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Laryngopharyngeal Reflux (LPR), often referred to as “silent reflux,” is a condition that affects millions of people worldwide. Unlike the more familiar gastroesophageal reflux disease (GERD), LPR doesn’t always present with heartburn, making it more difficult to diagnose. Instead, it shows up through a variety of symptoms such as often throat clearing, long term cough, and hoarseness.

LPR often goes undiagnosed or is mistaken for other conditions such as allergies, sinusitis, or even asthma. Fortunately, there are effective natural approaches to managing LPR that focus on dietary changes, lifestyle adjustments, and natural remedies. In this blog, we will delve into these natural strategies for managing LPR, offering you practical tips and insights to help you take control of your health. Whether you’re looking to complement your current treatment or seeking an alternative to medication, these natural approaches could make a significant difference in your journey to relief and recovery.

What is Laryngopharyngeal reflux or LPR?

Laryngopharyngeal Reflux (LPR) is a condition where the contents of the stomach, including acid and pepsin, flow back into the throat (larynx) and voice box (pharynx). Unlike gastroesophageal reflux disease (GERD), which mainly causes heartburn, LPR often does not produce typical heartburn symptoms and is sometimes referred to as “silent reflux.” Thus, this makes it harder to diagnose and often leads to it being mistaken for other conditions such as allergies, sinusitis, or asthma.

Differentiation between LPR and Gastroesophageal Reflux Disease (GERD)

Laryngopharyngeal Reflux (LPR) and Gastroesophageal Reflux Disease (GERD) are often mistaken for one another, but they have distinct differences that impact their diagnosis and treatment.

One of the primary differences lies in when the reflux occurs and the symptoms it produces. LPR predominantly happens during the daytime when a person is upright, which is why it is sometimes referred to as “upright reflux.” In contrast, GERD often occurs at night when a person is lying down. Furthermore, in GERD, the primary culprit is stomach acid, which irritates and damages the lining of the oesophagus. However, in LPR, the damage is mainly caused by pepsin, a digestive enzyme. Pepsin remains active even at a relatively high pH of up to 6.5, meaning that even foods that are only mildly acidic trigger symptoms and cause damage to the laryngeal tissues. This makes managing LPR particularly challenging, as it requires careful attention to the acidity of foods consumed

Causes of LPR

As we have already discussed, Laryngopharyngeal Reflux or LPR  occurs when stomach contents backflow into the larynx and pharynx due to dysfunction in the lower oesophagal sphincter (LES) and upper oesophagal sphincter (UES). Several factors contribute to this condition:

  1. Sphincter Dysfunction: Weakness or relaxation of the LES and UES allows stomach acid and pepsin to reach the throat and larynx.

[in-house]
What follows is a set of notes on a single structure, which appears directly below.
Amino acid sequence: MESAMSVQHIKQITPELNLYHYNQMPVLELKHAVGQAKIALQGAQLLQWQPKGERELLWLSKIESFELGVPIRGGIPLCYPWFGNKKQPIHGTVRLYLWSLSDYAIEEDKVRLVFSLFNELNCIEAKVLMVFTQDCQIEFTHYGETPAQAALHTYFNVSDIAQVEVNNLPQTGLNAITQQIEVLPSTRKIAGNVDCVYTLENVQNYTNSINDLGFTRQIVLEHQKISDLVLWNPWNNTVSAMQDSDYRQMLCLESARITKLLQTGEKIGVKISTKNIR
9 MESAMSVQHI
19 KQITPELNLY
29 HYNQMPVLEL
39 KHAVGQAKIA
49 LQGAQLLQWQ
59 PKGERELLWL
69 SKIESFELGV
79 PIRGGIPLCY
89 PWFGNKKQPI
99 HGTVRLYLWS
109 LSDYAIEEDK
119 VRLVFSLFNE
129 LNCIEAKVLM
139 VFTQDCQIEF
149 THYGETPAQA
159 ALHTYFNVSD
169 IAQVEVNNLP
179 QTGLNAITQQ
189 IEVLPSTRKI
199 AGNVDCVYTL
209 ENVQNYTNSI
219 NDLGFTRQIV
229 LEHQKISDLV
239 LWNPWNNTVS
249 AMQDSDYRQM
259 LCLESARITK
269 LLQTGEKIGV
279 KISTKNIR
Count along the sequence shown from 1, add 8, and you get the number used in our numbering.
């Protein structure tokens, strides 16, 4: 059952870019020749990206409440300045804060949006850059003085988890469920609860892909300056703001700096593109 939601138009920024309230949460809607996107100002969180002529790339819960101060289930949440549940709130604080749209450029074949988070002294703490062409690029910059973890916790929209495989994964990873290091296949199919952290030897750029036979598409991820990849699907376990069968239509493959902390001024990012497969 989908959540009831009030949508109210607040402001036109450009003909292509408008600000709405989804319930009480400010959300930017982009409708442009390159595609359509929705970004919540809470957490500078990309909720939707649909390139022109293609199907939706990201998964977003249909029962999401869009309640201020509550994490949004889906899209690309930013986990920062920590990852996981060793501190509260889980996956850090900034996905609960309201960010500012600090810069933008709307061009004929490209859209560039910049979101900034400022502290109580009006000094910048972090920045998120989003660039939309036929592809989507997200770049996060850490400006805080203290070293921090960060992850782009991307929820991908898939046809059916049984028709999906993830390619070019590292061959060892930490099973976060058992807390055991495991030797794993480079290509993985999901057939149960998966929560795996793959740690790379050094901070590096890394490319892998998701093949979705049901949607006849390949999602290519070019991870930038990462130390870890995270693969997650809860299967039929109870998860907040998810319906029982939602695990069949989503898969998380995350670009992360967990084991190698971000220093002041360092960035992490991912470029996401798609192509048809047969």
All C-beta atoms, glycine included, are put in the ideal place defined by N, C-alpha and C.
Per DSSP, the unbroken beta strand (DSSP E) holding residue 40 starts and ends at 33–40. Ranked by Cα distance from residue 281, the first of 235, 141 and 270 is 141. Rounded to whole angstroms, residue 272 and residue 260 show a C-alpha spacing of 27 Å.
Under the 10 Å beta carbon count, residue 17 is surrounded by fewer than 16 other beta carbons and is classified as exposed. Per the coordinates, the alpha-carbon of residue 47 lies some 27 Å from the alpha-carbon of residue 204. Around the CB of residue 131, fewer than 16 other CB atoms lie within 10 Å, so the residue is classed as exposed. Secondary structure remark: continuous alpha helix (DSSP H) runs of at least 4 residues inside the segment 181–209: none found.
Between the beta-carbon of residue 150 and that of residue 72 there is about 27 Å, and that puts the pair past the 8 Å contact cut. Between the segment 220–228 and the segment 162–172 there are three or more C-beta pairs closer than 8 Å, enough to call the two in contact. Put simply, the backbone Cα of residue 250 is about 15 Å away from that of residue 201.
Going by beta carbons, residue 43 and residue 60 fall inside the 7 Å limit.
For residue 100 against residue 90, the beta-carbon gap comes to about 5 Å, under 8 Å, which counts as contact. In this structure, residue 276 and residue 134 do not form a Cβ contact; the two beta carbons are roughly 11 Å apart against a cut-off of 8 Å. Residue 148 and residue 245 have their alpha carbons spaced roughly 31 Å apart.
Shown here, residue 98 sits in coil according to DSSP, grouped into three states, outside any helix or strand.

2. GUT Dysbiosis: H.Pylori overgrowth, SIBO and other opportunistic overgrowth. Vagal reflex can be triggered by SIBO.
  3. Hiatus Hernia: A condition where part of the stomach pushes through the diaphragm, increasing the likelihood of reflux.
  4. Obesity: Excess weight increases abdominal pressure, promoting reflux.
  5. Pregnancy: Hormonal changes and increased abdominal pressure during pregnancy lead to LPR.
  6. Dietary Factors: Consuming acidic or spicy foods, carbonated beverages, and large meals triggers reflux.
  7. Lifestyle Factors: Smoking, alcohol consumption, and high-stress levels exacerbate symptoms.
  8. Physical Posture: LPR often occurs during the daytime when individuals are upright, as opposed to nighttime reflux seen in GERD.

Understanding these causes helps in managing and preventing LPR through lifestyle changes and medical interventions.

Dietary Management for Laryngopharyngeal Reflux

Diet plays a crucial role in managing Laryngopharyngeal Reflux (LPR). Since LPR involves the backflow of stomach contents into the larynx and pharynx, controlling what and when you eat significantly reduces symptoms and prevents damage to sensitive tissues. By avoiding certain trigger foods and adopting a specific dietary approach,  LPR becomes manageable resulting in an improved quality of life.

Foods to Avoid

  1. Carbonated Beverages
    • Why to Avoid: Carbonated drinks cause bloating and increase intra-abdominal pressure, leading to more frequent reflux episodes. The carbonation also relaxes the lower oesophagal sphincter (LES), making it easier for stomach contents to travel back up.
  2. Foods with a pH Below 5.0
    • Why to Avoid: Acidic foods trigger symptoms by irritating the already sensitive tissues of the larynx and pharynx. Moreover, Pepsin, an enzyme responsible for the damage in LPR, remains active at a pH of up to 6.5, making even mildly acidic foods problematic. Examples include citrus fruits, tomatoes, and vinegar-based products.
  3. Certain Non-Acidic Foods
    • Why to Avoid: Some non-acidic foods also trigger LPR symptoms despite their pH levels. For instance, eggs and red apples have been reported to cause discomfort in some individuals with LPR, possibly due to their specific protein content or other components that relax the LES or increase mucus production.

Suggested Dietary Approach for Managing Laryngopharyngeal Reflux

Adopting a dietary approach tailored to minimize LPR symptoms is highly effective. Here are some guidelines:

  • Low-Acid Diet: Focus on consuming foods with a higher pH to avoid activating pepsin. Alkaline foods also help neutralize stomach acid and reduce irritation.
  • Smaller, Frequent Meals: Eating smaller portions more frequently helps prevent the stomach from becoming too full, which reduces pressure on the LES.
  • Timing of Meals: Avoid eating within three hours of bedtime to prevent nighttime reflux.
  • Hydration: Drink plenty of water throughout the day to help dilute stomach acid and aid digestion.
  • Lean Proteins: Include lean meats, fish, and plant-based proteins that are less likely to trigger reflux.